Some critics suggest my 27-year Patronage of the Rare Breeds Survival Trust (page 152) is some sort of romantic attachment to a bygone age, but again, my reasons are rooted in hard-nosed science and face the future. The preservation of these breeds and the characteristics in their genes could be crucial to our ability to farm sustainably. It is worth remembering why such breeds are on the endangered list. Subsidies and cheap grain-based feedstuffs persuaded farmers to move away from cattle reared just on grass, with hill cattle falling out of favour completely.
For very understandable reasons, farmers invested in continental breeds that produce massive carcasses, but these demand huge quantities of grain and protein-based feed. Similarly, the choice of dairy cow switched from one fed largely on grass to a very high-yielding animal that depends on a complicated and expensive ration. It also has a woefully short life.
If you consider that in Nature genetic diversity is a strength, then it is surely very dangerous to narrow down the genetic pool as we have done. In the last century, up to 90% of food genetics have disappeared. You only have to consider the causes of the Irish potato famine to see how vulnerable we become if we depend upon fewer and fewer genes. With all the pressures on farmers to produce more food and with climate change increasingly making its presence felt, I have no doubt we will need the genetic traits in our native breeds so that they can flourish on our grassland and uplands, and even on some of our bleakest Scottish islands, which is why I invited Rupert Uloth to visit Birkhall on the Balmoral Estate and Kate Green to see my work in this area at the Duchy Home Farm in Gloucestershire.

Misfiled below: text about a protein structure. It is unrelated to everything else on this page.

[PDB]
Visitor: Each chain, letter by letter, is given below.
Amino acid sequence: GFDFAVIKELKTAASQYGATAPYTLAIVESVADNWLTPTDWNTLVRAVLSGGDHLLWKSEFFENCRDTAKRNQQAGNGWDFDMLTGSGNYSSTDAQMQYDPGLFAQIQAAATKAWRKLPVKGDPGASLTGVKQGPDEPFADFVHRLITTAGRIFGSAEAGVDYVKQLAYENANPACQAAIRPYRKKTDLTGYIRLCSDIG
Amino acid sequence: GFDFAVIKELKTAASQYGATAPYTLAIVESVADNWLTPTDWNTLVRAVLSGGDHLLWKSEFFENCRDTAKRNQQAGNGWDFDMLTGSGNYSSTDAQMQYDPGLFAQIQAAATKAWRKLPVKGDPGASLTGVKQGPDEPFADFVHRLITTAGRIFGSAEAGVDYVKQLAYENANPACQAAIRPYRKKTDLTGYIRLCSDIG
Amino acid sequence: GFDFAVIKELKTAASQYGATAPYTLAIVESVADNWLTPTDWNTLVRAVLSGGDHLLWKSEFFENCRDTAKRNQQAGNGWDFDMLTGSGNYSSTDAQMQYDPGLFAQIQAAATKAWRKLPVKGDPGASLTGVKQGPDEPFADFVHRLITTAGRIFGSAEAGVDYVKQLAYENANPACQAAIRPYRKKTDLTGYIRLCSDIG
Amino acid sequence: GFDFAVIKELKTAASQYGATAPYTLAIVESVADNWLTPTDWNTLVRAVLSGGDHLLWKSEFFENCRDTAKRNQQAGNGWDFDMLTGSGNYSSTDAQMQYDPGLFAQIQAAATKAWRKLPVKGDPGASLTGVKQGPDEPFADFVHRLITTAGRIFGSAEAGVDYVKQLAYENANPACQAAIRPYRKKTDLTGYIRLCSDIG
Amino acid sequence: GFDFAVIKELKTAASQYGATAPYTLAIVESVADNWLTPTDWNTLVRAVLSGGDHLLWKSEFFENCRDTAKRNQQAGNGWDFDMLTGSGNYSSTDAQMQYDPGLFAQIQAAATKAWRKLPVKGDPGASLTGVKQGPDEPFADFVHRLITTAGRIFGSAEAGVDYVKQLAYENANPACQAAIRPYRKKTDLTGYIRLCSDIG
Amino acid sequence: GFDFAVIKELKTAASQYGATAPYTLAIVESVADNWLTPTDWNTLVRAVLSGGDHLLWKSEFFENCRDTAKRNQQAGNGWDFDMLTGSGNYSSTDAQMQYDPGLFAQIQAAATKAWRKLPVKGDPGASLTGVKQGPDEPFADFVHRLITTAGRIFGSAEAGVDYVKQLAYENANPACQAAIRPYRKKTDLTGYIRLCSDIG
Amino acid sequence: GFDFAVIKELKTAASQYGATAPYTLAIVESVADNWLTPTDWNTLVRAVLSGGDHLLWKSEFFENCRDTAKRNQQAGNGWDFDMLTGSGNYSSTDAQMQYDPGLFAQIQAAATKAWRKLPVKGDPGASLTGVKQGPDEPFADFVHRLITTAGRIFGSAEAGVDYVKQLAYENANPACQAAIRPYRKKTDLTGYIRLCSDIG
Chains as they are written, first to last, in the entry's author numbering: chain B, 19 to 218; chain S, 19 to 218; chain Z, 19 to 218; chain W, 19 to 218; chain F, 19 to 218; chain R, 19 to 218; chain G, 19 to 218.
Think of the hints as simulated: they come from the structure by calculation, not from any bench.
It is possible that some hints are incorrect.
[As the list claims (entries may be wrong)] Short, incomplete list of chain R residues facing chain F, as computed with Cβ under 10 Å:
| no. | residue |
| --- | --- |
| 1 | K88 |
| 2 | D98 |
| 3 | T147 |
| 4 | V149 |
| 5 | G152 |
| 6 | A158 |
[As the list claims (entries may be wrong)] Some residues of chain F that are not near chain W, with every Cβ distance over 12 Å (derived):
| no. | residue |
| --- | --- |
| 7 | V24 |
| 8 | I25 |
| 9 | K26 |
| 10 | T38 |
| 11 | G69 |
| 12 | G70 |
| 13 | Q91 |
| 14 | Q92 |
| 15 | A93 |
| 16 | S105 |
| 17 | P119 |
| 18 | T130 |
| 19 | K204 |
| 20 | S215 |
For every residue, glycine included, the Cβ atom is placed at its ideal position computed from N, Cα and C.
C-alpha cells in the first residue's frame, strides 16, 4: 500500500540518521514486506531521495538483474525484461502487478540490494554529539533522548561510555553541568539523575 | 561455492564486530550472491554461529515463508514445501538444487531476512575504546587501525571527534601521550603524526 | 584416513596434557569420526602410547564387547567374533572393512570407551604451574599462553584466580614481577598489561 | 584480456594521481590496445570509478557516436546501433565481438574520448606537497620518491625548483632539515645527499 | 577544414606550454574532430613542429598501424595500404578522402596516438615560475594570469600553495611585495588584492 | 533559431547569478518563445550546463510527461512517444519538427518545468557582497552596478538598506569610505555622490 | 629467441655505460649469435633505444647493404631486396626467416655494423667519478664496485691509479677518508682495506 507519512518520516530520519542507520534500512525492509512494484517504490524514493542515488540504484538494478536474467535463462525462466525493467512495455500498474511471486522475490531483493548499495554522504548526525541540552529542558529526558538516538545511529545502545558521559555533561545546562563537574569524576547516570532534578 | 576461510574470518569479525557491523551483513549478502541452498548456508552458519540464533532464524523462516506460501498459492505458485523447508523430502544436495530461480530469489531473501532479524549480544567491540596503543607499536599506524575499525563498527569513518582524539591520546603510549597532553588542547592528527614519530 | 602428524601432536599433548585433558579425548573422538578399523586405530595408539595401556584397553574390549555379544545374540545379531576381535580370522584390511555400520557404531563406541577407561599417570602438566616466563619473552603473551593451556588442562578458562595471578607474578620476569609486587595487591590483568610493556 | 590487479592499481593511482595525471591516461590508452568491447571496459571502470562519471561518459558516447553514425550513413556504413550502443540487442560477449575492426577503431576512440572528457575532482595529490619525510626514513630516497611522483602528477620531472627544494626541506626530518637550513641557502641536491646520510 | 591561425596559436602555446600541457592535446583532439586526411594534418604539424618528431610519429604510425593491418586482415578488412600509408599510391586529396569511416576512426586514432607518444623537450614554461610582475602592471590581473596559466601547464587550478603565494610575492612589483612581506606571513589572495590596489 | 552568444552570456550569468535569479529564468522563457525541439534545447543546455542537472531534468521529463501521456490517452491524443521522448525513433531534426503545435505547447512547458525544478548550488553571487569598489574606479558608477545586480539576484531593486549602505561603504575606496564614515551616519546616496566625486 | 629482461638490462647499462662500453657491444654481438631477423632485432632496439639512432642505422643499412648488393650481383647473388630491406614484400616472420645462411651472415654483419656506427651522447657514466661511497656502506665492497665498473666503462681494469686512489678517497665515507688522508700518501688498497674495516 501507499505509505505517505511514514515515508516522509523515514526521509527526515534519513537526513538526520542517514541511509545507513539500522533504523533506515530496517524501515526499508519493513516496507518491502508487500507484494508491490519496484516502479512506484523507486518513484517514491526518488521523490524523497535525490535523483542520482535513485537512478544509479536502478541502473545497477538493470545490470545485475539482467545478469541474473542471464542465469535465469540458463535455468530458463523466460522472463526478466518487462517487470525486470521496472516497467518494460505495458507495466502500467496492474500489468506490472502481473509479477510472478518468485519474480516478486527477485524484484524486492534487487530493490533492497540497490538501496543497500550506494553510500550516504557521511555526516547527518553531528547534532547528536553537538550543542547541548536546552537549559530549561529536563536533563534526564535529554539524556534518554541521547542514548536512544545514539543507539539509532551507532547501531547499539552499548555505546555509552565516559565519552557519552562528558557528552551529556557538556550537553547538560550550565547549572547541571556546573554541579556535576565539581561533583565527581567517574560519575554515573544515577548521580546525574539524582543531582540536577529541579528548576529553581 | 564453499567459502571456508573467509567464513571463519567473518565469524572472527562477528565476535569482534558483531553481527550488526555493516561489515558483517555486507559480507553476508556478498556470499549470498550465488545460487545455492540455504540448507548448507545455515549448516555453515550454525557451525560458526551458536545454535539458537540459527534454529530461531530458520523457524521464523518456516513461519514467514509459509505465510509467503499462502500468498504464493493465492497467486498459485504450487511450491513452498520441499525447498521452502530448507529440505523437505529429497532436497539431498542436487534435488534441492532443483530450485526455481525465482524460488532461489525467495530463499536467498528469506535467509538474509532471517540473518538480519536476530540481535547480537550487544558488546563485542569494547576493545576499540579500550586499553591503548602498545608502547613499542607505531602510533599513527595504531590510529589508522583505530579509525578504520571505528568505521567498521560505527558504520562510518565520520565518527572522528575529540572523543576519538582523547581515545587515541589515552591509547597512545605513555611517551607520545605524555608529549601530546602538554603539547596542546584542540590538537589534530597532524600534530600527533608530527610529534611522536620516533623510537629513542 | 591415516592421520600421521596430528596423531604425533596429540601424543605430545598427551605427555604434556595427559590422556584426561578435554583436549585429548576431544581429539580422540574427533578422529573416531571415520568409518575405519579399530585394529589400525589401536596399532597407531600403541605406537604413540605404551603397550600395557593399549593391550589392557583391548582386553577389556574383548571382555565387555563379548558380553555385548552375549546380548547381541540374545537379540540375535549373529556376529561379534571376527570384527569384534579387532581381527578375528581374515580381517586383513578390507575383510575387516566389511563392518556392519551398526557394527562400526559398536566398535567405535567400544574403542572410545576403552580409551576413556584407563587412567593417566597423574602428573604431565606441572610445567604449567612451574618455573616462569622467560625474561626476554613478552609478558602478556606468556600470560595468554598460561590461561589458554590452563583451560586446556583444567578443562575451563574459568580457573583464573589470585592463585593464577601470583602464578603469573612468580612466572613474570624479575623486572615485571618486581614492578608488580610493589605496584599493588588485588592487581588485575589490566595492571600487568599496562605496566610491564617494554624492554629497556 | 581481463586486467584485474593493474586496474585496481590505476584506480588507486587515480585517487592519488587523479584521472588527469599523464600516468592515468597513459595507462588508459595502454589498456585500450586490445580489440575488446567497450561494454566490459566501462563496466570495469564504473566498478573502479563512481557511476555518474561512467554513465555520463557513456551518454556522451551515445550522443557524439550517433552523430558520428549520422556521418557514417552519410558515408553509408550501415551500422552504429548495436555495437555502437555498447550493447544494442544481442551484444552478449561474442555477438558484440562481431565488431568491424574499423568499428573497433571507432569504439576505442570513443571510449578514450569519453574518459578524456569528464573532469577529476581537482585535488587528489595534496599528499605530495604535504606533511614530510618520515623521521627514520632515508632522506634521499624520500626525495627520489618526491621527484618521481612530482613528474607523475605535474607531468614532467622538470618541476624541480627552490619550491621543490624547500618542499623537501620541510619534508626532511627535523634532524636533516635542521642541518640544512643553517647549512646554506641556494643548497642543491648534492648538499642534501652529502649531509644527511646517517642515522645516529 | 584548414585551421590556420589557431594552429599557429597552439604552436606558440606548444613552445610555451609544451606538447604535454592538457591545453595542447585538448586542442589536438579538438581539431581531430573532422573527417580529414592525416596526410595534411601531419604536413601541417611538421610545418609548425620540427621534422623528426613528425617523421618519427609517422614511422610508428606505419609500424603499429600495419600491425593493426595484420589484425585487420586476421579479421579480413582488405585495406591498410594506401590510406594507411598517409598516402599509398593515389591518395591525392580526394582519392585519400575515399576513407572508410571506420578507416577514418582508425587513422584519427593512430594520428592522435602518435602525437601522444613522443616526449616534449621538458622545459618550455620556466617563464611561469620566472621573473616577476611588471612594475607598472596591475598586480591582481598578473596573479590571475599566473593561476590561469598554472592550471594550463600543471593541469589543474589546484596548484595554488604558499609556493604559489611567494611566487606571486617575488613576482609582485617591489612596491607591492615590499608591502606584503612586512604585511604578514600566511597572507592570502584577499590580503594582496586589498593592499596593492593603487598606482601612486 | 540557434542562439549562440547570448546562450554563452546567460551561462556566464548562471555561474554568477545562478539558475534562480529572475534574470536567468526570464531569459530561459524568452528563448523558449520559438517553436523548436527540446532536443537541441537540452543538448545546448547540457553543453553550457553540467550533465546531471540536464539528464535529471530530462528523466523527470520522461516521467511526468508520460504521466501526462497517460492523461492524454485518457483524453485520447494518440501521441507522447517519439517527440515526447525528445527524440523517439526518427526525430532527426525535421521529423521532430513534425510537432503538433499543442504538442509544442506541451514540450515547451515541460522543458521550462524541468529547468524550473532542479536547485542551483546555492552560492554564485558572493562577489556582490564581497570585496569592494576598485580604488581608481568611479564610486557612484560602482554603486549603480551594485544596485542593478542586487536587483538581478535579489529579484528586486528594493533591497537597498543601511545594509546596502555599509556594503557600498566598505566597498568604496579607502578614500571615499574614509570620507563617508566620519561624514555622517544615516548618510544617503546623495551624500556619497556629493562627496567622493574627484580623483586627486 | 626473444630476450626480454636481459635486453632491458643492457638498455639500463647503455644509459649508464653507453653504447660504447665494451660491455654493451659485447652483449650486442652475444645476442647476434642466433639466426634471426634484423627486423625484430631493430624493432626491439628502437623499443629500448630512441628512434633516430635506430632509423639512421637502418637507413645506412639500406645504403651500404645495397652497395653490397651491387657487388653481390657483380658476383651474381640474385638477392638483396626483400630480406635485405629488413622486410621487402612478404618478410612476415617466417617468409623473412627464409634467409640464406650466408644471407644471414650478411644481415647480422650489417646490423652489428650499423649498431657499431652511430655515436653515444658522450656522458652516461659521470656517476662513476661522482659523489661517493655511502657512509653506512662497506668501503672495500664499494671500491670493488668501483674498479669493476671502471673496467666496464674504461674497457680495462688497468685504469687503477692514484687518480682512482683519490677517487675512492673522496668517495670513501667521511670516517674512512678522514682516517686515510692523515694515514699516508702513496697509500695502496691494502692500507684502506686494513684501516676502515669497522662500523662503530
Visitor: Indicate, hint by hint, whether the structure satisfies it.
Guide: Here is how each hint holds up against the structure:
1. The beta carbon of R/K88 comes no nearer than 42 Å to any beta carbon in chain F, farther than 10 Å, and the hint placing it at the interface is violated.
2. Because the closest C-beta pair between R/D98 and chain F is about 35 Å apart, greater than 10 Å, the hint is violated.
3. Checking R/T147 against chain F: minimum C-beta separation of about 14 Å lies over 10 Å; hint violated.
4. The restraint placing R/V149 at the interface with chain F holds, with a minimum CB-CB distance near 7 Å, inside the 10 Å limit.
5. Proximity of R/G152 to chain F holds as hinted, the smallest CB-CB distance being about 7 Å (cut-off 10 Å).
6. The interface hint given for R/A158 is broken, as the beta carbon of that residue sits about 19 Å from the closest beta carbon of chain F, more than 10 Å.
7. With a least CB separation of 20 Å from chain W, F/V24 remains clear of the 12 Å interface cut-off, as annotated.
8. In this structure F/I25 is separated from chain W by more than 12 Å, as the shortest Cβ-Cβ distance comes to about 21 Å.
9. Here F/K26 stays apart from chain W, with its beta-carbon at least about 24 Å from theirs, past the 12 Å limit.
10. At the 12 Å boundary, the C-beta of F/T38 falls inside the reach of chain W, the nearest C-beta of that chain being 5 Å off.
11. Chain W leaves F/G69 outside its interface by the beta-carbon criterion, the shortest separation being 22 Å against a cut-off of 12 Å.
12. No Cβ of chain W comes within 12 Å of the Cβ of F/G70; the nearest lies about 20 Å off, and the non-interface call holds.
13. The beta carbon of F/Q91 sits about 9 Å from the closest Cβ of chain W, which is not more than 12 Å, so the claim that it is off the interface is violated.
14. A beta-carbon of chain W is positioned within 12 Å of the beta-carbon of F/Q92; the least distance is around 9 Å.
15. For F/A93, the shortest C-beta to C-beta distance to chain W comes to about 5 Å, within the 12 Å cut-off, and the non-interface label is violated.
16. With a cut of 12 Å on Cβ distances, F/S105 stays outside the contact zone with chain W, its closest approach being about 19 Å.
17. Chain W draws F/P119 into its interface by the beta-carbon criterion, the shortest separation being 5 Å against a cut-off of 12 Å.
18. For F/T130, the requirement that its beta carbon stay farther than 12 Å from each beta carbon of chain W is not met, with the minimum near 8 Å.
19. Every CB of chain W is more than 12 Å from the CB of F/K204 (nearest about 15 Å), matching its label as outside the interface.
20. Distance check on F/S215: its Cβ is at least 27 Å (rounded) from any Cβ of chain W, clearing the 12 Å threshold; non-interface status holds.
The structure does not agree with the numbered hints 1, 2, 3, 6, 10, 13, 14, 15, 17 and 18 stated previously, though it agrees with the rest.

I also asked Robin Page to consider whether our approach to certain wildlife needs serious review (page 180). We simply cannot abandon fragile species that need protection—and not just from intensive agriculture, but from predators too. We have to find ways for everyone involved in the management of land who cares about the future of vulnerable species to work together in genuine collaborations to create far-sighted stewardship regimes that restore to beneficial levels wildlife like upland waders, ground-nesting birds, butterflies and the many songbirds that are now so threatened by predation.
Ultimately, what I hope will be clear in this edition is that a truly sustainable system of farming and a vibrant rural community are mutually dependent. I remember witnessing a powerful example of this in 2001 when I visited the Royal Welsh Winter Fair just after the restrictions on movement had been lifted following the horror of the Foot and Mouth outbreak. It was the first time many farmers had come together for nigh on eight months and I remember officials struggling in vain to persuade them to stop talking so I could give my speech. In the end they gave up—which amused me greatly!
It was a moving demonstration of the social as well as economic importance of farming. It is the bedrock of our rural communities, making post offices, pubs, public transport and local health care absolutely vital to the production of our food and the protection of the landscapes we all benefit from in so many ways. This is why the countryside’s contribution to the national good has to be cherished and sustained. Without it, we will all be very much the poorer.